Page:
The US Supreme Court held in United States v. Arthrex that administrative patent judges’ ability to render final decisions on patentability on behalf of the Executive Branch is “incompatible with their status as inferior officers.” “Only an officer properly appointed to a principal office,” the Court held, “may issue a final decision binding the Executive Branch.” As a remedy for the constitutional violation, the Court held that “[d]ecisions by APJs must be subject to review by the Director” and therefore remanded the Arthrex case to the Acting USPTO Director to allow him to decide whether to rehear the inter partes review petition. This, the Court explained, would “provide an adequate opportunity for review by a principal officer.”
The practical effect of this decision is to require that the Director have the opportunity to review PTAB decisions before they become final. The Court was clear, however, that the Director “need not review every decision by the PTAB”—he need only be able to do so. Accordingly, we do not expect this decision to cause a major disruption to the current post-grant proceeding regime. It is possible that the Office will in the near future issue guidance concerning the mechanics of this new layer of potential review.
This morning, the US Supreme Court issued its opinion in the closely watched Arthrex case, which concerns the constitutionality of the appointments of administrative patent judges (APJs) of the US Patent and Trademark Office (PTO) Patent Trial and Appeal Board (PTAB). APJs are appointed by the Secretary of Commerce. The Constitution’s Appointments Clause permits “inferior officers” to be appointed by “Heads of Departments” like the Secretary of Commerce, but it requires “principal officers” to be appointed by the President with the advice and consent of the Senate. So APJs’ appointments are constitutional if—but only if—they qualify as “inferior officers.”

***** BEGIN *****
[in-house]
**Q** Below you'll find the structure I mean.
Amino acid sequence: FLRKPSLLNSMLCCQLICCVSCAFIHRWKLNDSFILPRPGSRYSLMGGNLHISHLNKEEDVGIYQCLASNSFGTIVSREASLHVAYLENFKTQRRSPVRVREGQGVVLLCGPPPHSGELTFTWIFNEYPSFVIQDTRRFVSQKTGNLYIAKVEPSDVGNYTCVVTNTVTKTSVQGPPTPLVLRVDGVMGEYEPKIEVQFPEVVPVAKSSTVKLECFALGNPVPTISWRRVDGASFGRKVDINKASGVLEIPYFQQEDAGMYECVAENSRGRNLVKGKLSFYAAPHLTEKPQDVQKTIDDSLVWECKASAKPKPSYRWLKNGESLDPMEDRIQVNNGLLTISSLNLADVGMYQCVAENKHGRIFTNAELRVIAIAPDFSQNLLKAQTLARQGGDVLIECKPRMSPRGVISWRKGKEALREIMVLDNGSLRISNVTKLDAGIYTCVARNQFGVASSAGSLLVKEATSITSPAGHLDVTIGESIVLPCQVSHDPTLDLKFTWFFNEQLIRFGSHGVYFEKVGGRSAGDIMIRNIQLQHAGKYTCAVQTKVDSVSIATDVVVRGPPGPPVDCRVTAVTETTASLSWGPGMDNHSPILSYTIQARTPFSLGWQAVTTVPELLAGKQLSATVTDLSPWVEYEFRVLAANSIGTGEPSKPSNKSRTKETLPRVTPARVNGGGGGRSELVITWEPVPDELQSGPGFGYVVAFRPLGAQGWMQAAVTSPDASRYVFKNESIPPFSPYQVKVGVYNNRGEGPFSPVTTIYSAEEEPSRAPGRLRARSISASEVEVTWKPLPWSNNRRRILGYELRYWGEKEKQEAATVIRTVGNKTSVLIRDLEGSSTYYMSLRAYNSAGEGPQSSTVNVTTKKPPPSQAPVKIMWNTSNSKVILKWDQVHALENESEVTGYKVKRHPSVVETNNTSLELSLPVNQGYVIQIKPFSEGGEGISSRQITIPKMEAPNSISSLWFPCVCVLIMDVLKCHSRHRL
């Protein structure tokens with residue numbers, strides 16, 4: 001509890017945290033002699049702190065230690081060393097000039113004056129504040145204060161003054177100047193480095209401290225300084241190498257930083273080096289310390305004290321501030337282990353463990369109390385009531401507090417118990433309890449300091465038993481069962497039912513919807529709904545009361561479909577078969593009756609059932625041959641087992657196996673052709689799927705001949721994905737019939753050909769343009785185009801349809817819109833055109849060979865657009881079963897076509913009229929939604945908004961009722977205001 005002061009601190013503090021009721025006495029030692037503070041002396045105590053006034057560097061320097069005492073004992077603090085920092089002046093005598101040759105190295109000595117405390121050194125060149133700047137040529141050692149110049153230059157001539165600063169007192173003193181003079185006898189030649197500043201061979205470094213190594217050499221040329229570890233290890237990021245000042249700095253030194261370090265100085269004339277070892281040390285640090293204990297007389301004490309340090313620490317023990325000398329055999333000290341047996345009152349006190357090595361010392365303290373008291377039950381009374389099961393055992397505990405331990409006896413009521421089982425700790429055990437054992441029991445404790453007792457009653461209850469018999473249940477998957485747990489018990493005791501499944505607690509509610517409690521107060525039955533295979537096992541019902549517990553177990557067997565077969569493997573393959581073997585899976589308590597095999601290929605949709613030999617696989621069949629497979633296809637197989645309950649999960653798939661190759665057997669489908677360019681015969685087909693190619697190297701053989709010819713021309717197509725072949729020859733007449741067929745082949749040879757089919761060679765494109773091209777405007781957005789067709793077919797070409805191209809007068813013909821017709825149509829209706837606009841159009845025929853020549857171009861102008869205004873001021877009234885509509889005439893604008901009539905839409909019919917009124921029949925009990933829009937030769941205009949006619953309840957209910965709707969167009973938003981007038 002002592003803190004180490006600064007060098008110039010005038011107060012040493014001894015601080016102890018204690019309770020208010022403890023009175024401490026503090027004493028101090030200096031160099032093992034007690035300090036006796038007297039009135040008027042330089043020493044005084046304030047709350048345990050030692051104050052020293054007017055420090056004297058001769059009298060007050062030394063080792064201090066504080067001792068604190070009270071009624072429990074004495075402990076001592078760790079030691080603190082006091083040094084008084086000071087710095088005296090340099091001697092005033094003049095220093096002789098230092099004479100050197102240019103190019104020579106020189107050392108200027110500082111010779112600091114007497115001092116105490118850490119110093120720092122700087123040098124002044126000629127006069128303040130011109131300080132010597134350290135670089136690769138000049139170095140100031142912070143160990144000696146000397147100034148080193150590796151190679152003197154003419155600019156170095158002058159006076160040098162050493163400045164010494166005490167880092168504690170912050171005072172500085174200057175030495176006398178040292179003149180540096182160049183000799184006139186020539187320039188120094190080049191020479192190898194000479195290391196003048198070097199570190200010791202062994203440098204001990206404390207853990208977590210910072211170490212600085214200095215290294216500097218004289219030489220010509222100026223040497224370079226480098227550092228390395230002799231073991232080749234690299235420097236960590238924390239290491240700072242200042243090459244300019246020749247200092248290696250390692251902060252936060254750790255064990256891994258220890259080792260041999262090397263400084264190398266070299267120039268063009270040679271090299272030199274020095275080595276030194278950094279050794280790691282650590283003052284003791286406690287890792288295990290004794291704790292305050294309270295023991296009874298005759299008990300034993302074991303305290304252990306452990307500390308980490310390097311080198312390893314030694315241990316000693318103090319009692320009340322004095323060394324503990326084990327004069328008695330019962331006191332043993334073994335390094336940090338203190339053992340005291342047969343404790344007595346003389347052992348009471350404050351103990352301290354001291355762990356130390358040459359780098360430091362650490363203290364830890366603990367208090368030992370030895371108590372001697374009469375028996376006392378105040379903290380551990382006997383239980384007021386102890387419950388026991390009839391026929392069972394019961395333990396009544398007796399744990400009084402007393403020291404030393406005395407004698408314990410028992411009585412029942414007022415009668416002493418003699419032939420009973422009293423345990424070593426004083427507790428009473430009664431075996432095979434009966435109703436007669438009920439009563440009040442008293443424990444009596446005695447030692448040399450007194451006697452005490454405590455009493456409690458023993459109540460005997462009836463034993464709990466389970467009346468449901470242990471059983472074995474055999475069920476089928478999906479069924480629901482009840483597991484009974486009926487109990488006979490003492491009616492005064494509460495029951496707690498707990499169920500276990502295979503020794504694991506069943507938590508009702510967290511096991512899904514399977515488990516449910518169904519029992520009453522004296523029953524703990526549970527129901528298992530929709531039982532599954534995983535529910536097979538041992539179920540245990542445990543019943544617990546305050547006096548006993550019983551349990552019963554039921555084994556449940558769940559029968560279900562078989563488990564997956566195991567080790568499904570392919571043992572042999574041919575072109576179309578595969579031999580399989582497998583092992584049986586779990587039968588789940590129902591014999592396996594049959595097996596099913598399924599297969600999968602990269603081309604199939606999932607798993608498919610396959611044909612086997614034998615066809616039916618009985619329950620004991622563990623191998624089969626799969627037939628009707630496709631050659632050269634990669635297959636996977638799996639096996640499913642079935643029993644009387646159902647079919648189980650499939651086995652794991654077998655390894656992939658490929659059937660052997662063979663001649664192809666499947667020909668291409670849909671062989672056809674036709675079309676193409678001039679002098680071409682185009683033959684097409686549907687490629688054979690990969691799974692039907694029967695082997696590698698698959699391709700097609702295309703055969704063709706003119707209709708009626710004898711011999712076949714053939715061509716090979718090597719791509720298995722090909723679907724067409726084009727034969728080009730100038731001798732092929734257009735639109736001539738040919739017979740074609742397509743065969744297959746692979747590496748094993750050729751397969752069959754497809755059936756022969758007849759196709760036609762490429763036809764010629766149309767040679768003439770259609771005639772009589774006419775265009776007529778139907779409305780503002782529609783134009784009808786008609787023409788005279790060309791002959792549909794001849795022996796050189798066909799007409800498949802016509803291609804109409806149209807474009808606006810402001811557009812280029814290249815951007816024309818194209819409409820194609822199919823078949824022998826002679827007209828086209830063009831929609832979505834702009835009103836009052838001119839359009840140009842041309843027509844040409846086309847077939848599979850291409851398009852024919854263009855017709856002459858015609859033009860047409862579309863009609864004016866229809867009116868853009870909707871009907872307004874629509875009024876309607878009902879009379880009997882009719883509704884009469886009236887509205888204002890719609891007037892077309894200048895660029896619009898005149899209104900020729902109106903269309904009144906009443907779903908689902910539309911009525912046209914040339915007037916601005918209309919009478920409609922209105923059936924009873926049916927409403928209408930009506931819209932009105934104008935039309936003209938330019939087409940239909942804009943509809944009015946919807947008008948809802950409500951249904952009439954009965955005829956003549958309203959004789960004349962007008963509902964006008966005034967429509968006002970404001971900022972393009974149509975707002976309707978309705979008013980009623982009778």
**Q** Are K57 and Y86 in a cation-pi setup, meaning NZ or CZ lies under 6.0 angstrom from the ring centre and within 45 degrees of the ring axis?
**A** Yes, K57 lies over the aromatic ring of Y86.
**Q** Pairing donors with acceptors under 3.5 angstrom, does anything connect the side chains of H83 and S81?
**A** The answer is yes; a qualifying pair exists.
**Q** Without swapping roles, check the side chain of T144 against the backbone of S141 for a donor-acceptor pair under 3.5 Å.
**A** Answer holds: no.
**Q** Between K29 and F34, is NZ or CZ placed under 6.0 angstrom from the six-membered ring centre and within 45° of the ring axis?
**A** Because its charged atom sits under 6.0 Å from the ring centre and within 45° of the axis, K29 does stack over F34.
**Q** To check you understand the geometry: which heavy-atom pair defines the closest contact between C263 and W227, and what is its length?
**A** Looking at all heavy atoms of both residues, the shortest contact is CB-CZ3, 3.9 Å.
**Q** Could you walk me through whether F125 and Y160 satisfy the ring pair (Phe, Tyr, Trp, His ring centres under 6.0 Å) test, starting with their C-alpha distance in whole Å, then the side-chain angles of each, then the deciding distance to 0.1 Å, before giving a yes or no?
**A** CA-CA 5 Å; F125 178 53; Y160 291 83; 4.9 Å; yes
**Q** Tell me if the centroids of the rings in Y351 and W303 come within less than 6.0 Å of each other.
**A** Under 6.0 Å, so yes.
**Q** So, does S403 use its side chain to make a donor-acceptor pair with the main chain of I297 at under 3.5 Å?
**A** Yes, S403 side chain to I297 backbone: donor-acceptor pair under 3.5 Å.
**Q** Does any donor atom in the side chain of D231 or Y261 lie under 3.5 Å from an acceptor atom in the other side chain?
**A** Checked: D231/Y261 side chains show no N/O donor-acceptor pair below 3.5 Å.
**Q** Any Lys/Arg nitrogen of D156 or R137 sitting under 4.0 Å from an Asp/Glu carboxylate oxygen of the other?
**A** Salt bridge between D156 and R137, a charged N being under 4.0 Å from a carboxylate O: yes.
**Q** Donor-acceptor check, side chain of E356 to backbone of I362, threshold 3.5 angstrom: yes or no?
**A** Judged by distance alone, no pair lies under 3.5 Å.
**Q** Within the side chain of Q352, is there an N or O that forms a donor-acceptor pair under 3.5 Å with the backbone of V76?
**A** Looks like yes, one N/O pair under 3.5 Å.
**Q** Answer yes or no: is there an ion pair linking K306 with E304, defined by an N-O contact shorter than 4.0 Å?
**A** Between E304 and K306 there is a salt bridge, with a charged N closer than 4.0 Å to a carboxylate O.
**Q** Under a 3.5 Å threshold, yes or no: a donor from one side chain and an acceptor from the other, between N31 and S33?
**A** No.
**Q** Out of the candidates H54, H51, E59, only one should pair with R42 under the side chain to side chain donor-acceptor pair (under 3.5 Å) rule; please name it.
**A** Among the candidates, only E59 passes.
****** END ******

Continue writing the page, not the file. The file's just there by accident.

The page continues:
The Supreme Court held by a 5-4 vote that APJs’ authority to render final decisions on patentability on behalf of the Executive Branch in inter partes reviews is not “consistent with their method of appointment”—i.e., is not consistent with their status as inferior officers. Justice Roberts, joined by Justices Alito, Gorsuch, Kavanaugh, and Barrett, concluded that APJs’ final-word power “conflicts with the design of the Appointments Clause to ‘preserve political accountability’” because it prevents the PTO Director from owning sole responsibility for IPR decisions. The Court stressed that it was not setting forth any “exclusive criterion for distinguishing between principal and inferior officers for Appointments Clause purposes,” but it did suggest that, at least in most circumstances, inferior officers may not issue “final decision[s] binding the Executive Branch.”
As a remedy for the constitutional violation, Justice Roberts—this time joined by Justices Alito, Breyer, Sotomayor, Kagan, Kavanaugh, and Barrett—held that “[d]ecisions by APJs must be subject to review by the Director.” Giving the Director such review power, the Court explained, renders APJs inferior officers that are validly appointed by the Secretary of Commerce. Accordingly, the Court partially invalidated 35 U.S.C. § 6(c), which provides that “[o]nly the Patent Trial and Appeal Board may grant rehearings,” and severed it from the remainder of the statute. Following the Court’s decision, the Director “may review final PTAB decisions and, upon review, may issue decisions himself on behalf of the Board.”